How much would an Oberlin parking garage cost?


It would take deep pockets, say firms providing estimates

By Valerie Urbanik - vurbanik@civitasmedia.com



Valerie Urbanik | Oberlin News-Tribune

Parking is chronically crowded in Oberlin’s downtown area leaving many asking about the possibility of building a parking garage. We went looking for answers.


Would a parking garage be feasible for the city?

That’s the question we asked after many business owners and News-Tribune Facebook friends demanded a solution to Oberlin’s downtown parking troubles.

The idea, which has long been floated by residents, was raised again this month after city planning commission members proposed a study to solve problems voiced by shoppers and shopkeepers alike.

Planning and development director Carrie Handy said she could not find any evidence on file suggesting the city has researched the cost of building a parking structure in town.

“We have never looked at it since I’ve been here,” she said. “I don’t think we have ever done a real parking study.”

If a parking garage is built in town, it will not be cheap.

On Handy’s recommendation, we sought data from Carl Walker — a company that specializes in parking structure designs, structural engineering, parking studies, and restoration of parking structures — to get up-to-date numbers on what a garage could cost.

According to numbers for 2014, the median parking structure construction cost for Cleveland was $17,930 per parking spot and $53.72 per square foot.

It is unclear how many spaces are needed in downtown Oberlin. But assuming a 100 parking space garage, the cost would be roughly $1.8 million just in spaces. That figure does not include contractor or architectural fees.

We also reached out to Aaron Appell of Bramhall Engineering, who we know through coverage by our sister newspaper in Amherst. He directed us to RSMeans, a North American supplier of construction cost information.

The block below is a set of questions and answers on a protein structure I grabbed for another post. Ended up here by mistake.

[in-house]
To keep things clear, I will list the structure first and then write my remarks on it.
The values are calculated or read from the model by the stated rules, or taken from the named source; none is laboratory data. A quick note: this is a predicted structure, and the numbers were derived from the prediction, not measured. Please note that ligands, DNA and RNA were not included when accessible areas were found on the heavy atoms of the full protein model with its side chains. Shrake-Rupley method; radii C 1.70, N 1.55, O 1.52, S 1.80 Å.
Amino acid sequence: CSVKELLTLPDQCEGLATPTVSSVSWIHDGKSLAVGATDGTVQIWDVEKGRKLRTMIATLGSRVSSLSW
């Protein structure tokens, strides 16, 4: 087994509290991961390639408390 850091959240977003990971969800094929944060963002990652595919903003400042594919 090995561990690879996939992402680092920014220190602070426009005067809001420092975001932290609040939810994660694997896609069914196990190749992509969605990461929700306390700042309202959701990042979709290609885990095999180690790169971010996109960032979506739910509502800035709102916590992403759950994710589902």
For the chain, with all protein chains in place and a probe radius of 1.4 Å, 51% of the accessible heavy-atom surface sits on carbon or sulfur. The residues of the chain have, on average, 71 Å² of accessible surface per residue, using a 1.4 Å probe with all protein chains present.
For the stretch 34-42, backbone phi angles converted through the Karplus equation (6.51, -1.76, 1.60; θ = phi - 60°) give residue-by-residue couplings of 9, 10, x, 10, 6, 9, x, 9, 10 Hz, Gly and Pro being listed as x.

That firm estimated the cost for construction of a city garage in Cleveland with union labor at $48.27 per square foot in 2013.

A five-story, 145,000-square-foot garage with union labor would cost just a few dollars shy of $7 million but when contractor and architectural fees are added to the bill it jumps to roughly $9.3 million, RSMeans said. If the work is done by non-union workers, it would cost a $8.7 million.

Based on Carl Walker’s numbers, a 145,000-square-foot garage would cost approximately $7.9 million without the architect and contractor fees. Appell said in an email that size of a structure would take up nearly 3.5 acres and would be a massive parking garage with 390 spaces per floor, which is roughly 1,950 parking spots.

Keep in mind that the last example outlines a building that would rise 10 stories tall — so it would likely be larger than what would fit in Oberlin.

By comparison, the parking garage located in downtown Elyria on 3rd Street has four floors with 445 parking spaces.

Carl Walker’s report stated the national median per space in 2013 increased 2.9 percent by 2014, and it’s safe to believe it’s risen again since.

Responding to our Jan. 14 story on parking downtown, several residents and business owners told us they want a structure to be built by the Peter B. Lewis Gateway Center, the Firelands Association for the Visual Arts, or in the off-street parking lot by Oberlin College’s Conservatory of Music.

Handy said when a parking garage is built there is always the option to add another floor to the top if additional parking is needed in the future.

Valerie Urbanik can be reached at 440-775-1611 or on Twitter @ValUrbanik.

Valerie Urbanik | Oberlin News-Tribune

Parking is chronically crowded in Oberlin’s downtown area leaving many asking about the possibility of building a parking garage. We went looking for answers.

http://aimmedianetwork.com/wp-content/uploads/sites/44/2016/01/web1_IMG_6284.jpg

Valerie Urbanik | Oberlin News-Tribune

Parking is chronically crowded in Oberlin’s downtown area leaving many asking about the possibility of building a parking garage. We went looking for answers.

It would take deep pockets, say firms providing estimates

By Valerie Urbanik

vurbanik@civitasmedia.com

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